North Carolina Sea Level Rise Risk Management Project
North Carolina is significantly vulnerable to sea level rise due to its landform and unique coastal habitats. The North Carolina Sea Level Rise Risk Management Project evaluated the potential changes in coastal flooding hazards due to rising sea levels and increased storm frequency and intensity, including changes to human and natural systems. The project produced a final report in 2012 describing hazards and risks, as well as preferred mitigation and adaptation options.
The North Carolina Sea Level Rise Risk Management Project began in February 2009 with the goals of informing state and federal policymakers about sea level rise impacts and promoting the development of risk management policy. The geographic scope of the project included areas along eastern North Carolina at risk of flooding from sea level rise and increased storms. The project evaluated the likely changes in coastal flooding hazards due to sea level rise as well as changes in storm frequency and intensity, and examined future vulnerability to temporary and permanent flooding and erosion. It was funded through a FEMA budget appropriation of $5 million to the State of North Carolina and administered through the North Carolina Office of Geospatial and Technology Management Floodplain Mapping Program. The study was carried out through a collaborative effort between the State of North Carolina, the North Carolina university system, Dewberry, and other stakeholders, and was organized into nine workgroups: (1) conceptual modeling, (2) analytical modeling and programming, (3) coastal landforms, (4) processes and structures, (5) flood risk strategies, (6) buildings and coastal structures, (7) critical infrastructure, (8) ecological, agriculture and aquaculture, and (9) societal.
The three-year project studied the potential impacts of sea level rise, coastal flooding, and erosion in 20 North Carolina coastal counties. Study partners examined future hazard scenarios (e.g., 70 cm rise in sea level, 1 meter, 1.4 meters) at 25-year intervals (e.g., 2025, 2050, 2075, 2100) to identify vulnerabilities. They also reviewed existing federal and state risk management plans and initiatives related to hazard and/or flood management, and evaluated how effective these plans are at addressing new risks (e.g., quantifying performance and/or examining their potential adaptability). Based on their results, partners made recommendations to modify existing programs or create new programs. The information from this project was also used in an impact assessment framework to evaluate average annualized losses.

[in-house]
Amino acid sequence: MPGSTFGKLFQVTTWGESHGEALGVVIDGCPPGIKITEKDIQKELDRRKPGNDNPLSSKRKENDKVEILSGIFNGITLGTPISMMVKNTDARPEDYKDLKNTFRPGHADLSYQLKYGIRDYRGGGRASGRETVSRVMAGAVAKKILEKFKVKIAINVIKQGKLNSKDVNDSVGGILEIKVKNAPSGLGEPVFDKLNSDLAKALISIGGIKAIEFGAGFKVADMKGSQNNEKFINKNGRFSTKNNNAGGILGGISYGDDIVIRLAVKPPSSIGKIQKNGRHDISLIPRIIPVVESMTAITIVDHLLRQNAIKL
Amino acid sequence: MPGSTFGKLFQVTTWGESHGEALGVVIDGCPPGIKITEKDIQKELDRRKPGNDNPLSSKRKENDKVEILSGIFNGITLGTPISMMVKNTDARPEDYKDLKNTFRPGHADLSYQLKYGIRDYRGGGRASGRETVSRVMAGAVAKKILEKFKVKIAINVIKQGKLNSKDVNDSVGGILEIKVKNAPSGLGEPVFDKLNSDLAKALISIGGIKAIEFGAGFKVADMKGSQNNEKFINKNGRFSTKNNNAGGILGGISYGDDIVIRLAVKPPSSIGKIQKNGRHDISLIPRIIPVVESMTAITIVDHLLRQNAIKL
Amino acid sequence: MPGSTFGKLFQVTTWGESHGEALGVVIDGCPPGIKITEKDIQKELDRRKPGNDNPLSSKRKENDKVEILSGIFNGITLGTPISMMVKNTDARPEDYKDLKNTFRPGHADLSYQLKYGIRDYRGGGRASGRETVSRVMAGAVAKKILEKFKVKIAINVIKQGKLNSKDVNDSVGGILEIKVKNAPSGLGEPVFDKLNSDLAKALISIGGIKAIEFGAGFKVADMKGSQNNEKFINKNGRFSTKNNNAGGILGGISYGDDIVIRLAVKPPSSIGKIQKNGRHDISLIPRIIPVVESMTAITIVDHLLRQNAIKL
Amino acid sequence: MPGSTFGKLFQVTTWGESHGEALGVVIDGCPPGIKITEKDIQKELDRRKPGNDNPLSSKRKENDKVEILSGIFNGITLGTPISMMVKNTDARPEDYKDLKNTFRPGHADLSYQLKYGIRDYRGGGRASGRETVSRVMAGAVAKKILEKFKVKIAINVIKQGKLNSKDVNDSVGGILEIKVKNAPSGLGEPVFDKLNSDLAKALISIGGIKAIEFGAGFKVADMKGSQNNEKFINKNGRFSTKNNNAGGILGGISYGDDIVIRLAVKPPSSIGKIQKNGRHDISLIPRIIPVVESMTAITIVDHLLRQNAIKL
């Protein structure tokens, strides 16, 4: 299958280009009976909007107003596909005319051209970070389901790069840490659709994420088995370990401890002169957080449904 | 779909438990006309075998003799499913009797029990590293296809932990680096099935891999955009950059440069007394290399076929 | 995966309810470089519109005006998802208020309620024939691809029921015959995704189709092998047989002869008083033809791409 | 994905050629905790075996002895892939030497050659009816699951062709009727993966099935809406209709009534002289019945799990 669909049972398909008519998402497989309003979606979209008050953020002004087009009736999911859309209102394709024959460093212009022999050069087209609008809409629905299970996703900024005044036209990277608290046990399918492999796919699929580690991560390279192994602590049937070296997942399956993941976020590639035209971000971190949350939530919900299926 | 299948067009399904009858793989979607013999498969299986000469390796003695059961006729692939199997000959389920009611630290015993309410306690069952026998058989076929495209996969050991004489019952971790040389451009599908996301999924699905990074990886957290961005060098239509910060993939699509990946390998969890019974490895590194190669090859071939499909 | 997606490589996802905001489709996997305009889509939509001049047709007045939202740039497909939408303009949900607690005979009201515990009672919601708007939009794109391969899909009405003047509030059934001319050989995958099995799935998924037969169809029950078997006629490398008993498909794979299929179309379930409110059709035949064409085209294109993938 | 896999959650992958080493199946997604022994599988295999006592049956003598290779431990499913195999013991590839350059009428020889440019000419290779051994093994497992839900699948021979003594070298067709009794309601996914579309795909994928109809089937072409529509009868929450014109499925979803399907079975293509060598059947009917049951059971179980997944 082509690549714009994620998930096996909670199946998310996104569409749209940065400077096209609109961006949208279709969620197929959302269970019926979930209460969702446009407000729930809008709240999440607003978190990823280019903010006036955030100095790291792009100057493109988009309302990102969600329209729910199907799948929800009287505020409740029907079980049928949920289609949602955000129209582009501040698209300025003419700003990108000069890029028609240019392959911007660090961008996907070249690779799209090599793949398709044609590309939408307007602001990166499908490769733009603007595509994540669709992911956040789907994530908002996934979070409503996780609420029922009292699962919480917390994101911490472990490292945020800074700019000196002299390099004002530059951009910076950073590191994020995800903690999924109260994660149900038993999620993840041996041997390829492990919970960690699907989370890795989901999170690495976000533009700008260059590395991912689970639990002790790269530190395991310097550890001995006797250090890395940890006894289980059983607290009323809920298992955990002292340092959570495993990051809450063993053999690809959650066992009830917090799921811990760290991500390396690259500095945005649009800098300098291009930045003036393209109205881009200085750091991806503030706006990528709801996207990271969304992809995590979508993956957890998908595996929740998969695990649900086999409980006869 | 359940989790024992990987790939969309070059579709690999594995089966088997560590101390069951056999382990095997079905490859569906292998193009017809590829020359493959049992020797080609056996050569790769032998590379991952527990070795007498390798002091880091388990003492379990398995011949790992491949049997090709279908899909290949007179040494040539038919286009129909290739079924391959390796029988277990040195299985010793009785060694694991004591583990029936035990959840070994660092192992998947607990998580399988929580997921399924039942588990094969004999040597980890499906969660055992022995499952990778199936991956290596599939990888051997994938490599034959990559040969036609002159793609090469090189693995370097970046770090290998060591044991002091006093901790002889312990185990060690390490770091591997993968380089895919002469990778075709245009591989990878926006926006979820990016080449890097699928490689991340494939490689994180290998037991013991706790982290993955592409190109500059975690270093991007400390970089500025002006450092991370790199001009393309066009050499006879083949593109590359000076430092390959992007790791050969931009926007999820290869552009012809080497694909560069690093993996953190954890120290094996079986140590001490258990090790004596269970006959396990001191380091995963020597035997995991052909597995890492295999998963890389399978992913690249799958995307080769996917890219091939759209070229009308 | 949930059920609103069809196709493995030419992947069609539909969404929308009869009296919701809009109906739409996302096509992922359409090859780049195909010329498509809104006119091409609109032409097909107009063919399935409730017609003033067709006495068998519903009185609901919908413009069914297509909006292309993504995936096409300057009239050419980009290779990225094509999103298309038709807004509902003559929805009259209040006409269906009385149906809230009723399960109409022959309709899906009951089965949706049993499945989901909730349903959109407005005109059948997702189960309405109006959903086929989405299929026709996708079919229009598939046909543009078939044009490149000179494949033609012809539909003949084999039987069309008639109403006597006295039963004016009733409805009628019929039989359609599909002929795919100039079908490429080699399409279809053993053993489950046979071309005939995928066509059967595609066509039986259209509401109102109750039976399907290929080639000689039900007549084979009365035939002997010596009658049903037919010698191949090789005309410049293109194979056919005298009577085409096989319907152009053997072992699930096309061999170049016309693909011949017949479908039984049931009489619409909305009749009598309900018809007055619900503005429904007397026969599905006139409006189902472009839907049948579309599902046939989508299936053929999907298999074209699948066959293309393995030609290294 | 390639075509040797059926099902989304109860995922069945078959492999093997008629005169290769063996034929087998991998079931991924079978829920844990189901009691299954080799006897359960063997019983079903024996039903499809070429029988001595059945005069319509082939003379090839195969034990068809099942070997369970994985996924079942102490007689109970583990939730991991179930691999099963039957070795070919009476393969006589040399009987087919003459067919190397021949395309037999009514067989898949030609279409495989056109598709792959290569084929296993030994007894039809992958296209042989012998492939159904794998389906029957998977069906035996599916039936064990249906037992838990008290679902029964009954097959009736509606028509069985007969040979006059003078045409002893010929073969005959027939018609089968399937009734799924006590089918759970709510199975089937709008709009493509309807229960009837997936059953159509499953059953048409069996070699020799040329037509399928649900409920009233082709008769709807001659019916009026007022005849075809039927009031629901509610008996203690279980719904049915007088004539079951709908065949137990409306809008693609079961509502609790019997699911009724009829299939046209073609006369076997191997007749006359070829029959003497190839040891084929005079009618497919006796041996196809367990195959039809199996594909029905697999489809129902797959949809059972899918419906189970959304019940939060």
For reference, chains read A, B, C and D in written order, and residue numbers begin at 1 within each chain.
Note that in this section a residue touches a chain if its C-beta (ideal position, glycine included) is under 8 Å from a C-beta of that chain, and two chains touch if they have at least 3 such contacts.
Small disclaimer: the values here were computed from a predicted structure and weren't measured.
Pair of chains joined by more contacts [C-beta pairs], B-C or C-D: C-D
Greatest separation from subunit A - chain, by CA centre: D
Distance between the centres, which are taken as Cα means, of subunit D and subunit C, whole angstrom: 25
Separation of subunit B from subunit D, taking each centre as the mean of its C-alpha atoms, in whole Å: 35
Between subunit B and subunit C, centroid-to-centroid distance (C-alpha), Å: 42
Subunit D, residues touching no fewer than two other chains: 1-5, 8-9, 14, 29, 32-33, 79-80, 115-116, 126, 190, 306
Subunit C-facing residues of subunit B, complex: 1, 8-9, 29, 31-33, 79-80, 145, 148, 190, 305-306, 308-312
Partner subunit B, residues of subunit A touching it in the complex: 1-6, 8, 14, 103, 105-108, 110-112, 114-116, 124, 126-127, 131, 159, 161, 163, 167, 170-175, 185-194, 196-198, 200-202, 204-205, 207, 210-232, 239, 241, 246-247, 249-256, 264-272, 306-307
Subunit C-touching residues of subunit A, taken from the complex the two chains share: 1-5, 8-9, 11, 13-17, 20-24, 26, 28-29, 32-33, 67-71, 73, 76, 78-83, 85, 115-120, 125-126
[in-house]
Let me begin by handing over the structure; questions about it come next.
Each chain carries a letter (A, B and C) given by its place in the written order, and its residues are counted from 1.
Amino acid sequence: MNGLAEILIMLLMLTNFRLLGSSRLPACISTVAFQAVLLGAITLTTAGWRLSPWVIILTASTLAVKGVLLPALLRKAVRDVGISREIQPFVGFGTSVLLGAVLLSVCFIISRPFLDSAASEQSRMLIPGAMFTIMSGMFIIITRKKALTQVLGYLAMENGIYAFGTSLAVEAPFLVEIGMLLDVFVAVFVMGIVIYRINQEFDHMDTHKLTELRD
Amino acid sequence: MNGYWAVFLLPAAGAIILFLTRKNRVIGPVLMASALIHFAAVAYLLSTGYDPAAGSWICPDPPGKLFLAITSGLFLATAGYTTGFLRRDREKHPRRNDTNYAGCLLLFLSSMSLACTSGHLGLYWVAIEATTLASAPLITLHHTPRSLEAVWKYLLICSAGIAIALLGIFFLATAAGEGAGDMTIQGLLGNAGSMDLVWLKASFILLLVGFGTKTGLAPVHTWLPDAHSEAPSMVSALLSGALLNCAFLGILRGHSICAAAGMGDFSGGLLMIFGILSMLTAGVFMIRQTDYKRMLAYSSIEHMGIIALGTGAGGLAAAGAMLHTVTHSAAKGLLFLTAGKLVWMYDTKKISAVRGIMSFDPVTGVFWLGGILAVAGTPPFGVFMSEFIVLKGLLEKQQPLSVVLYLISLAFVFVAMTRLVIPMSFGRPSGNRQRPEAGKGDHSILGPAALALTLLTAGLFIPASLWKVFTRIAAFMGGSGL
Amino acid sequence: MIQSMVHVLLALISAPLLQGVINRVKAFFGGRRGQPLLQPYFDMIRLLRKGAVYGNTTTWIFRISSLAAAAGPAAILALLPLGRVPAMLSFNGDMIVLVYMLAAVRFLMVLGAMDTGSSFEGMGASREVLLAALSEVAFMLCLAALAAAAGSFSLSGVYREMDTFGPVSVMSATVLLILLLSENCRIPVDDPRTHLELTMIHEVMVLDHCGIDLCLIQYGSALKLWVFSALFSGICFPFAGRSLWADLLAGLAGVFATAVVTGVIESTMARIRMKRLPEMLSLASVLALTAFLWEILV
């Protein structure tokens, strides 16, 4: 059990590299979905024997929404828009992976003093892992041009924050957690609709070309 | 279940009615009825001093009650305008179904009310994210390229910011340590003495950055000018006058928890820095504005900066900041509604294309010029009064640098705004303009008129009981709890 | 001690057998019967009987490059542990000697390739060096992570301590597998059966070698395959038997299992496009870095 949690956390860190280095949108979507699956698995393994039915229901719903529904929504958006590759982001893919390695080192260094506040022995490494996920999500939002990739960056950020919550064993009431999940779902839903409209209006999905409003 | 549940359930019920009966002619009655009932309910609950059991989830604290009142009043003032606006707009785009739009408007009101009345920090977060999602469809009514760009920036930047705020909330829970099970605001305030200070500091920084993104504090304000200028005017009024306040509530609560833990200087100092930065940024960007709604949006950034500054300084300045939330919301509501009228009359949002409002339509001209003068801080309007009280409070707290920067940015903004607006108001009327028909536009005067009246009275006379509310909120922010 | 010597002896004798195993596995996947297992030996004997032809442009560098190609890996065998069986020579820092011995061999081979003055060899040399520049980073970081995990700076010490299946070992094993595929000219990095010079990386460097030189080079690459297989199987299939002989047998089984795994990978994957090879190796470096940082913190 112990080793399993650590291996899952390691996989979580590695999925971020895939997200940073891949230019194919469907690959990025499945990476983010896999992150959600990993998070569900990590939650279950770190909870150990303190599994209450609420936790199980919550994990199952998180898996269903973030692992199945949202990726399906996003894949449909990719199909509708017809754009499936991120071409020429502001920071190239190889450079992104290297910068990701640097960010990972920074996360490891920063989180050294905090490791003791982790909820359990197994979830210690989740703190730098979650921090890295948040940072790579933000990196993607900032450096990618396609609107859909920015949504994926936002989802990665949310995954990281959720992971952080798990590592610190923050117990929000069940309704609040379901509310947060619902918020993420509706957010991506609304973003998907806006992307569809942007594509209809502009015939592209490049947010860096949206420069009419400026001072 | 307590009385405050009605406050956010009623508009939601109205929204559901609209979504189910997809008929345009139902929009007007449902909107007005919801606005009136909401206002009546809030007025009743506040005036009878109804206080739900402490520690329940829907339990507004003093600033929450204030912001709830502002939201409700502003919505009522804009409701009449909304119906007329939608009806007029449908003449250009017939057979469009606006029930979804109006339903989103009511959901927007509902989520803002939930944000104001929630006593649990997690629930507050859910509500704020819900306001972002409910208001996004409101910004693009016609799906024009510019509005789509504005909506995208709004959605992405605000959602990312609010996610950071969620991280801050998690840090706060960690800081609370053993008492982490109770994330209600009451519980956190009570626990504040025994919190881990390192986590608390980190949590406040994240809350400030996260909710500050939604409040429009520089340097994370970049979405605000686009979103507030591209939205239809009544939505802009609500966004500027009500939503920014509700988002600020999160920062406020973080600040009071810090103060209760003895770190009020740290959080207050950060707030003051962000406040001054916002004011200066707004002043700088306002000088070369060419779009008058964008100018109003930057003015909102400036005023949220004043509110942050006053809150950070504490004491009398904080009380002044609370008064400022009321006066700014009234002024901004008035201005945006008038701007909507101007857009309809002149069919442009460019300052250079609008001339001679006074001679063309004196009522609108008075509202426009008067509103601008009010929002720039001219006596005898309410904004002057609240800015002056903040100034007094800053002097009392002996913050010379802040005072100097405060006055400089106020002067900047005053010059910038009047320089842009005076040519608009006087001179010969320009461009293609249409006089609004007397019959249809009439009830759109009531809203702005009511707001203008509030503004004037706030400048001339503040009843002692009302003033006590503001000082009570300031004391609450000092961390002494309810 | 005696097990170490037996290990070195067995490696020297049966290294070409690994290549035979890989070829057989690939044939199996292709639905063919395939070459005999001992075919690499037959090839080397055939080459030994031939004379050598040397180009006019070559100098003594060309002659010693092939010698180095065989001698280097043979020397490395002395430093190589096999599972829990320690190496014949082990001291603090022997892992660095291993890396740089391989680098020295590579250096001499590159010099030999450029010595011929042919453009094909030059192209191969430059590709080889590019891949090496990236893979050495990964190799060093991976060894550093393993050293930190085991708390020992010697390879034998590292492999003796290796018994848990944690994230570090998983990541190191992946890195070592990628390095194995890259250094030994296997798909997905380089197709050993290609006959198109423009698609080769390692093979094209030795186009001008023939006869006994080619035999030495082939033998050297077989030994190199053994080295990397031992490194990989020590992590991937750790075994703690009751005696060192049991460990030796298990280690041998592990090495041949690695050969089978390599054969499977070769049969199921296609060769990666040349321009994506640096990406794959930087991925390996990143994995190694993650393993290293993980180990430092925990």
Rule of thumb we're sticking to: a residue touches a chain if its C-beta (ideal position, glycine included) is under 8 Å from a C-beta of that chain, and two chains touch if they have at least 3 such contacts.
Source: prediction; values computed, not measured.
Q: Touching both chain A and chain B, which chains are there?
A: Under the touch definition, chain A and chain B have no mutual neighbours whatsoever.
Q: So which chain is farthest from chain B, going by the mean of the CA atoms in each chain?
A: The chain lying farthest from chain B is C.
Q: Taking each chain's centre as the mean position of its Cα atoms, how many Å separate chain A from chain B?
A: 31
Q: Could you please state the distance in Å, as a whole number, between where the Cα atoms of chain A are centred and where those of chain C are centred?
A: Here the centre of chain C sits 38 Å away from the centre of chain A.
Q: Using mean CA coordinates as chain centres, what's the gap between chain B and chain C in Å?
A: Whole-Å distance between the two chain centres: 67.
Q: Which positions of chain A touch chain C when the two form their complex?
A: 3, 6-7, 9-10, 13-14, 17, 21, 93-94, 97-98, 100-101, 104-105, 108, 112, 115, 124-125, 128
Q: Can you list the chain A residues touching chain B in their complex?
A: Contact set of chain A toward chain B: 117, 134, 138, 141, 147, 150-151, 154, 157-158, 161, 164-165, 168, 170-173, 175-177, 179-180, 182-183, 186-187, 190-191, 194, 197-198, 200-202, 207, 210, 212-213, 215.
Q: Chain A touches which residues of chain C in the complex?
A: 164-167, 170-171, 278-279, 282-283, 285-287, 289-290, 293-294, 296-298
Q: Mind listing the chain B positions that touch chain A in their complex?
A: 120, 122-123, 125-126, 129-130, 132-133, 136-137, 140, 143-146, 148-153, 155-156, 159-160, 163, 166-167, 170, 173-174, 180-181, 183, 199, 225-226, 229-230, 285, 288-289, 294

Outcomes and Conclusions
Final products included a report identifying hazards and risks, as well as mapping products; a study template, data requirements and guidance for assisting future studies; a GIS analytical toolset; and preferred mitigation and adaptation options applicable to different environments. Example adaptation strategies include acquiring properties vulnerable to inundation and managing as floodable open space, using rolling easements to allow for inland migration of coastal habitats, providing new job training for individuals in industries at risk of losing their livelihoods due to sea level rise, elevating and relocating critical infrastructure, and retrofitting historic buildings to withstand flooding.
Kershner, J. and Braddock, K.N. (2021). North Carolina Sea Level Rise Risk Management Project [Case study on a Dewberry Project]. Version 2.0. Product of EcoAdapt's State of Adaptation Program. Retrieved from CAKE: https://www.cakex.org/case-studies/north-carolina-sea-level-rise-risk-management-project (Last updated April 2021)